We go for months with nothing but the slightest right of publicity kerfuffle here and there; and then, in the space of less than two weeks, we get two major appellate decisions. Both the Eighth and Ninth Circuit Courts of Appeal recently handed down opinions in the ongoing balancing of individuals’ right of publicity against the First Amendment’s guarantee of freedom of expression.

Dryer v. NFL and Copyright Preemption
In Dryer v. NFL, football veteran Fred Dryer and two other players alleged that the NFL violated their publicity rights by producing and selling documentary films using historical footage of games in which the plaintiff athletes appeared. The Eighth Circuit affirmed the district court’s dismissal of the case on several bases, primarily copyright preemption.

Section 301 of the Copyright Act provides that state law causes of action consisting solely of nothing more than a claim equivalent to an action against the use of a copyrighted work are preempted by copyright law. In Dryer, the claim added nothing to a simple demand that the NFL should not re-use its copyright-protected footage without paying a license fee to players who appear in it. Because appearance in professional football games and consent to the recording of those games was a term of the athletes’ original contract, the claim involved nothing more than a challenge to the use of a copyrighted work, and therefore the state law publicity claim was properly dismissed.

Copyright preemption, though not always clearly understood, argued, or analyzed, remains a potent tool for early dismissal of right of publicity claims that arise solely from the defendant’s use of a photo, film, recording, or other copyright-protected work.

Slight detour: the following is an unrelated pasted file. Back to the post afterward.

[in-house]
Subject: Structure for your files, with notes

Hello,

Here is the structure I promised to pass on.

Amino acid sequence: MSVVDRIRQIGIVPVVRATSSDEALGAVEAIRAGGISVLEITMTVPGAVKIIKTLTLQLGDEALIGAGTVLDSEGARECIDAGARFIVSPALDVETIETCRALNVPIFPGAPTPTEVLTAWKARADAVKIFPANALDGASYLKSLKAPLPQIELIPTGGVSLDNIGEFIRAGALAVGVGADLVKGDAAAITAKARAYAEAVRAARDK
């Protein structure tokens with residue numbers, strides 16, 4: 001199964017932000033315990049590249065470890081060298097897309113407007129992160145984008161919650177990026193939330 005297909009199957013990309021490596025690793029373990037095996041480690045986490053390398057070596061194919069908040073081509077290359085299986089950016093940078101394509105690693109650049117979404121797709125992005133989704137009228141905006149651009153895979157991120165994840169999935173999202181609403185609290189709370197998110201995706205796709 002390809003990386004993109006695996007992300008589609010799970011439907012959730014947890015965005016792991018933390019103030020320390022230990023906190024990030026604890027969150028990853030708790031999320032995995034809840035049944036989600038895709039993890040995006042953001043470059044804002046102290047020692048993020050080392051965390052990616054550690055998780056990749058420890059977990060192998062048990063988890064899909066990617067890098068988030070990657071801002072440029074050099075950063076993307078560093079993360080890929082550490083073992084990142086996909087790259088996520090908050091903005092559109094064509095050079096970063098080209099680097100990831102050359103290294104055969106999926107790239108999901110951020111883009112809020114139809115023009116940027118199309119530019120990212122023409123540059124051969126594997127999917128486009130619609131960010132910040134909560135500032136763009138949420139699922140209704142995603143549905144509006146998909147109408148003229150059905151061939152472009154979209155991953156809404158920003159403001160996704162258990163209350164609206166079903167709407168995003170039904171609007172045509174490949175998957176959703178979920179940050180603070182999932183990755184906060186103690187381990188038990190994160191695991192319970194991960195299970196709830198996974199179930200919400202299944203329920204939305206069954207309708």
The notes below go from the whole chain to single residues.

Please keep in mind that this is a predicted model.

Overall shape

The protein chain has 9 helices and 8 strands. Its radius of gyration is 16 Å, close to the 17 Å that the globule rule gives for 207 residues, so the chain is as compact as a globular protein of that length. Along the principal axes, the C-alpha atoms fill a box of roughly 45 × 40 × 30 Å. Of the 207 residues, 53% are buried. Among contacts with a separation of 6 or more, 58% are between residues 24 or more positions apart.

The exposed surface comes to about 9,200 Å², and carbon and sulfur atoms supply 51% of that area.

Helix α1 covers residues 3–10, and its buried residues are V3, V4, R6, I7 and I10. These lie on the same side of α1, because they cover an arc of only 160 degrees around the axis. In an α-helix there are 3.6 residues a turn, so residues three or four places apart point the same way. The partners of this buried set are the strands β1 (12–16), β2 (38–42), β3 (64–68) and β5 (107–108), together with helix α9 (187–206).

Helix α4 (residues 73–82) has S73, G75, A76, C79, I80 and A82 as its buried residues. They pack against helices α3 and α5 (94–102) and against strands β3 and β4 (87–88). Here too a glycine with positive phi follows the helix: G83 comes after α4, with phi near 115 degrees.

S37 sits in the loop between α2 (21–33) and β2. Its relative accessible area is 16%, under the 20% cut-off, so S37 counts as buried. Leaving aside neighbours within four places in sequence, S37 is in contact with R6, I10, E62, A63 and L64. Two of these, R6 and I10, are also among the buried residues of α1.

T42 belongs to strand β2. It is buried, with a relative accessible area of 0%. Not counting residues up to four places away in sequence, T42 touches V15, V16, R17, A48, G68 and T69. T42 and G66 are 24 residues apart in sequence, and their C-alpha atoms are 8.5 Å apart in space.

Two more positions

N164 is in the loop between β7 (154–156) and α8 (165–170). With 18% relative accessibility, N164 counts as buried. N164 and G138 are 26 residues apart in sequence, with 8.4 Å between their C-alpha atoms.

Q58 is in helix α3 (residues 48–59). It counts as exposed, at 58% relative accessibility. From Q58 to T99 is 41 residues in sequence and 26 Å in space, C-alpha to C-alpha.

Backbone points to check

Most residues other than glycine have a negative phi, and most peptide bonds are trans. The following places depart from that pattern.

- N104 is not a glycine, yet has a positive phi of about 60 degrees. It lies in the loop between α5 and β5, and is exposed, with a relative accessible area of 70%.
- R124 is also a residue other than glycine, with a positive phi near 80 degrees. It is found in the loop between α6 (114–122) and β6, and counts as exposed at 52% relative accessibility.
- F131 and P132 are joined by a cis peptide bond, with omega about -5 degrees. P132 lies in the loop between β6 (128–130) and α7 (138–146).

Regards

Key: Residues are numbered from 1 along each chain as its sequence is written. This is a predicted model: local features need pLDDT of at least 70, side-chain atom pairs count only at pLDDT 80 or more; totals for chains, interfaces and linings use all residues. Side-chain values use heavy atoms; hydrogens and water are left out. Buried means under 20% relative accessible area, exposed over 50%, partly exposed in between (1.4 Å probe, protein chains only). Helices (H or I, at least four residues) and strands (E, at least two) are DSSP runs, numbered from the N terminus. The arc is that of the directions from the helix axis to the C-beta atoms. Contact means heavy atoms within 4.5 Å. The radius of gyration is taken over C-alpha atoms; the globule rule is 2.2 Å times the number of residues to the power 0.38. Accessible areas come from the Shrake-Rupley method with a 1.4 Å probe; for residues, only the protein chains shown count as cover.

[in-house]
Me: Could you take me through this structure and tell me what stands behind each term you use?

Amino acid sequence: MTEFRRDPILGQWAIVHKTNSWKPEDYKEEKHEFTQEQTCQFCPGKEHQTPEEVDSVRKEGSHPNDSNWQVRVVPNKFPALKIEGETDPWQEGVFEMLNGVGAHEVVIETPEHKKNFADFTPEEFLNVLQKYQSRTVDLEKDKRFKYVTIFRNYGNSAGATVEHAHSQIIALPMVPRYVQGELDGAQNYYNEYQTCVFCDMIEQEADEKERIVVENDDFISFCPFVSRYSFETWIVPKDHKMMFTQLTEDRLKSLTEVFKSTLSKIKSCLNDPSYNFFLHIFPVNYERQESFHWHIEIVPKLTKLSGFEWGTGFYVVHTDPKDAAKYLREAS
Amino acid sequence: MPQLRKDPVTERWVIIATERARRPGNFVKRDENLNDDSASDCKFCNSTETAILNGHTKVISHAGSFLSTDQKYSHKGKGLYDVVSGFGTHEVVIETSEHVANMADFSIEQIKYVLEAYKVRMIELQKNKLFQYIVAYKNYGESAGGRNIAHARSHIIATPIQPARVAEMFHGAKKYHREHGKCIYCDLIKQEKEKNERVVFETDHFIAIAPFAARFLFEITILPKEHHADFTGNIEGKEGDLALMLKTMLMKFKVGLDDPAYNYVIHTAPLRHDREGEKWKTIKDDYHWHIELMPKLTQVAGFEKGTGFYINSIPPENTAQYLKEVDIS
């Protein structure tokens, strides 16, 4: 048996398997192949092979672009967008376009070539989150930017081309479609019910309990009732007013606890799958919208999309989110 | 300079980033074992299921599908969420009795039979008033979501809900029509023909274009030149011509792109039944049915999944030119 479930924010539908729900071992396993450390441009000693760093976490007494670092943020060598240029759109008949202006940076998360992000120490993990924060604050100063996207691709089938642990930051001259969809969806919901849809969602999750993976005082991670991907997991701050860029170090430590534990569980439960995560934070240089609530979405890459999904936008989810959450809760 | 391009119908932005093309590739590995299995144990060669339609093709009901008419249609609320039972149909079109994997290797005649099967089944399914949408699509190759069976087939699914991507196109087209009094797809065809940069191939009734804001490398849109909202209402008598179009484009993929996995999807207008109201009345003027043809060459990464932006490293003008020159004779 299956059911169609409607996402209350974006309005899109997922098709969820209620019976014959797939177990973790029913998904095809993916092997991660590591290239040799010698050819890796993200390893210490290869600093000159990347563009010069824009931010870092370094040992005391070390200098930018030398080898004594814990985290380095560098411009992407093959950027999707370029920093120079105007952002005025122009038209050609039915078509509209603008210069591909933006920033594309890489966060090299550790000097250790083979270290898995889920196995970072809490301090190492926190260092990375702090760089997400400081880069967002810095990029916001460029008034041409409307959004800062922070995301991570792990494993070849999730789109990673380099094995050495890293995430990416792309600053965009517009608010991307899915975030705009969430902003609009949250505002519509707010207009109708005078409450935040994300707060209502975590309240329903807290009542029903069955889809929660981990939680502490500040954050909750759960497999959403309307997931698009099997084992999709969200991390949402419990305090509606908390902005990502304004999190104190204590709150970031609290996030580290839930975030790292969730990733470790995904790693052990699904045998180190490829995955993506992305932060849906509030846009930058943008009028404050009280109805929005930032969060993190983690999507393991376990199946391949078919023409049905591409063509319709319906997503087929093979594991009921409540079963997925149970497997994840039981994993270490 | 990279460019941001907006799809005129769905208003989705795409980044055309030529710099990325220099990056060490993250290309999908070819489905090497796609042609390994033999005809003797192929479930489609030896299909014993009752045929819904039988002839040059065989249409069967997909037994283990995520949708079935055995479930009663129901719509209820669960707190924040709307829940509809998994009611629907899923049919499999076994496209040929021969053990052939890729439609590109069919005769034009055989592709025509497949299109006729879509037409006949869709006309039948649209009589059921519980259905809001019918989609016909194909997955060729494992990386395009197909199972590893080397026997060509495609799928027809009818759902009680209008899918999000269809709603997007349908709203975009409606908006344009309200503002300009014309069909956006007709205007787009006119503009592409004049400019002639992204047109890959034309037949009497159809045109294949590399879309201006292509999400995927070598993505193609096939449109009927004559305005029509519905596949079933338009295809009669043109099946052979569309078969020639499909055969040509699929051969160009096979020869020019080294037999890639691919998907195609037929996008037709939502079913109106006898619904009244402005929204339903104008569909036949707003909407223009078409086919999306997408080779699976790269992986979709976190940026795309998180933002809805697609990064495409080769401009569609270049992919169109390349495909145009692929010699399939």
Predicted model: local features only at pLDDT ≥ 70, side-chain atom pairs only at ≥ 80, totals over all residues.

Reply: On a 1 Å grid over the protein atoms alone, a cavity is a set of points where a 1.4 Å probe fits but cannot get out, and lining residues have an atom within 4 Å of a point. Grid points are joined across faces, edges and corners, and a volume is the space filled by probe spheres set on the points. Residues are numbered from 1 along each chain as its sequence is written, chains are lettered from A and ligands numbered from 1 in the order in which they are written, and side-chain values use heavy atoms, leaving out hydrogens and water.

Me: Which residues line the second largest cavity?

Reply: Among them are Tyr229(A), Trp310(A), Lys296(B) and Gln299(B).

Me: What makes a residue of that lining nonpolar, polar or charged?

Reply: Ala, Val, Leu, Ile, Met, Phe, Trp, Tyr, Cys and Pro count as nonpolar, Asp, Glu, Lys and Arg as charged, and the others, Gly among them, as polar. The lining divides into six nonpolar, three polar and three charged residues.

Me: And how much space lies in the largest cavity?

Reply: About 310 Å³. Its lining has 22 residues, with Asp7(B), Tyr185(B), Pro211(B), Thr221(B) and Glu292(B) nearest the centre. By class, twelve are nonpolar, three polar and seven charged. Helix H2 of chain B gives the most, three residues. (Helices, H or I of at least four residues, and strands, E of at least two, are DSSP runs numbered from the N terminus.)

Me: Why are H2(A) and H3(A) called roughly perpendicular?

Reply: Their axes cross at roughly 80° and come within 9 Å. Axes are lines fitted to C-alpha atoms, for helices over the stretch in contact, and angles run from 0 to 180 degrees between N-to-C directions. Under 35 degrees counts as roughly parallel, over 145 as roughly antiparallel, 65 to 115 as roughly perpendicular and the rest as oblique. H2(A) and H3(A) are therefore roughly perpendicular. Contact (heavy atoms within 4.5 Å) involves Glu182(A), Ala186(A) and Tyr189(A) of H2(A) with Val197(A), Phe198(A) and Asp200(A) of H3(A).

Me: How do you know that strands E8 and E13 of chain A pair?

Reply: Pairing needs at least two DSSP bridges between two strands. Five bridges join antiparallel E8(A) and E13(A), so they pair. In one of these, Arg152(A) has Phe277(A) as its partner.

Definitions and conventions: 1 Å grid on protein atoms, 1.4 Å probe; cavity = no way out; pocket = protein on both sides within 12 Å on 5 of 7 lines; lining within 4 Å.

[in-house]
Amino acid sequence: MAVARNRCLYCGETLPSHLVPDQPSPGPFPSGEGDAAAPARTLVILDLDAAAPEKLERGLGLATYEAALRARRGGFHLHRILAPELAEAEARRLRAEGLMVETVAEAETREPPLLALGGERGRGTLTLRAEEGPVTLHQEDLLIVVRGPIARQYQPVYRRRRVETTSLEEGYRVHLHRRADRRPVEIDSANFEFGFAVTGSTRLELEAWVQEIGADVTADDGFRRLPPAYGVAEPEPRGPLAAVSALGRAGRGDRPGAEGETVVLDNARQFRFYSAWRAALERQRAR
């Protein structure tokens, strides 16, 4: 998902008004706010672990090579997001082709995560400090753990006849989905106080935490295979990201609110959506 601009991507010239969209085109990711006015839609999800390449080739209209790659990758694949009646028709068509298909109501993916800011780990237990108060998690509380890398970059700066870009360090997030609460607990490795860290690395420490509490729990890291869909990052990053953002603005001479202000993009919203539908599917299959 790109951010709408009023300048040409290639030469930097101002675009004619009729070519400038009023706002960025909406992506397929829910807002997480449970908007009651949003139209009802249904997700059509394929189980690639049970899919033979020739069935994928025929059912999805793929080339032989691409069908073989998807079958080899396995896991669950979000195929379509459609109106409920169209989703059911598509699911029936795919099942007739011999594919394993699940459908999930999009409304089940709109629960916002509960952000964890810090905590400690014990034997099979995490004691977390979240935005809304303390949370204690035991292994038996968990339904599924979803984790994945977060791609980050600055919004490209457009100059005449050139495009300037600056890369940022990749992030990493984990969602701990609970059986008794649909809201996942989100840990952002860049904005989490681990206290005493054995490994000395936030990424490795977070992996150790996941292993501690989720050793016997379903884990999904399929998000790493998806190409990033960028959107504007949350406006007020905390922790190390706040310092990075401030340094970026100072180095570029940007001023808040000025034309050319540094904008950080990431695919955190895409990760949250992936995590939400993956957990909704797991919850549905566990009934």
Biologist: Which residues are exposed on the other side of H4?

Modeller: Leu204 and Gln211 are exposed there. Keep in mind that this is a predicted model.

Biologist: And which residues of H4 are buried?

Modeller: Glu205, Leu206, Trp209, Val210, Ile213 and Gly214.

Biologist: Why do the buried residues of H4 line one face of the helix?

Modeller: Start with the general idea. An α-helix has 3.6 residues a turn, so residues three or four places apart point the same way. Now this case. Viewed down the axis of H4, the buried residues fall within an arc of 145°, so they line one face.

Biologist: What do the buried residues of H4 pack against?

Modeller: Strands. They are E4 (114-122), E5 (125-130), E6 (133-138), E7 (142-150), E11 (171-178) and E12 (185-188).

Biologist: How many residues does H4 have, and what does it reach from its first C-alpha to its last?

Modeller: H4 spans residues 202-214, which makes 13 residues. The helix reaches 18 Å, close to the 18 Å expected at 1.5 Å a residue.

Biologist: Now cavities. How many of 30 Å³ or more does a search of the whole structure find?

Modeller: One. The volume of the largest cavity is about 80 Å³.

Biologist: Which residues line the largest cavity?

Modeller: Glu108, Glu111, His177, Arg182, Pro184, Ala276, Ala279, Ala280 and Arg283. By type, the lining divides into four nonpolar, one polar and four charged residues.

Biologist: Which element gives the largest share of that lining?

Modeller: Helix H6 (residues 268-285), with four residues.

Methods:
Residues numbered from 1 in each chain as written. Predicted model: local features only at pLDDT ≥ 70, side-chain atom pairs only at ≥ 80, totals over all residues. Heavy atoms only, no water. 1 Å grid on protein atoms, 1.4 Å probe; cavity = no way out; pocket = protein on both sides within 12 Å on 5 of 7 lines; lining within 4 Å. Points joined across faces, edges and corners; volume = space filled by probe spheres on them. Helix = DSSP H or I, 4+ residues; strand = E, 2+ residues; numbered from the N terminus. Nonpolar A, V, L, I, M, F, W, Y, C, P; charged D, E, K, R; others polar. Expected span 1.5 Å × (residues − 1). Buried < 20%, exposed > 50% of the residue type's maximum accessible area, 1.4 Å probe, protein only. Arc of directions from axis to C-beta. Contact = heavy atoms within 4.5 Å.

Sarver v. Chartier: Movies, Games, and the First Amendment
Here in the Ninth Circuit, the long-stalled case of Sarver v. Chartier finally drew an opinion from a three-judge panel. U. S. Army Sergeant Jeffrey Sarver, a specialist in disarming Improvised Explosive Devices during the conflict in Iraq, had been interviewed by embedded combat reporter Mark Boal, who subsequently wrote an article based on his experiences and observations with Sarver’s IED disposal unit. Some time later, Boal co-wrote with writer-director Kathryn Bigelow a screenplay that became the award winning film The Hurt Locker. The central character in that film, Sergeant Will James, was admittedly based in large part on Sarver.

Sarver sued the makers and distributors of the film for having used his identity and personality without his permission for their own commercial gain, and for having fictionalized his character to a degree that portrayed him in a false light and damaged his reputation. This sounds as if Sarver was saying that the character in the film both was and wasn’t him, causing each claim to weaken the other. But the main issue in the case was whether the use, without permission, of a real person as the basis for a character in a film creates a commercial harm that outweighs the film makers’ First Amendment right to free artistic expression.

In affirming the district court’s dismissal of Sarver’s publicity and defamation claims, the Ninth Circuit panel surprisingly did not rely on the frequently-applied test from Comedy III v. Saderup, in which the California Supreme Court borrowed a page from the copyright fair use test by asking whether the defendant merely copied the plaintiff’s image or persona, or if the use was sufficiently “transformative” to make the result a new work of artistic expression. Instead, the Ninth relied heavily on the only right of publicity case ever ruled on by the U.S. Supreme Court, Zacchini v. Scripps-Howard. In Zacchini the Supreme Court held that the First Amendment did not outweigh a right of publicity claim where the defendant news company had broadcast the plaintiff’s entire performance (being shot from a cannon) as a TV news story, harming the plaintiff’s ability to attract viewers to his live show. In Sarver, the Ninth Circuit found that the film makers’ protected expression does outweigh Sarver’s purely commercial claim for compensation for the film’s use of elements of his identity. The film is not commercial speech (“speech proposing a commercial transaction”); and the film makers, unlike the TV news program in Zacchini, did not appropriate the economic value of the plaintiff’s “performance.” (The Ninth Circuit also affirmed the dismissal of Sarver’s defamation and false-light privacy claims, finding that the portrayal of Sgt. James in the film was more positive than negative, and was unlikely to “highly offend” a reasonable person.)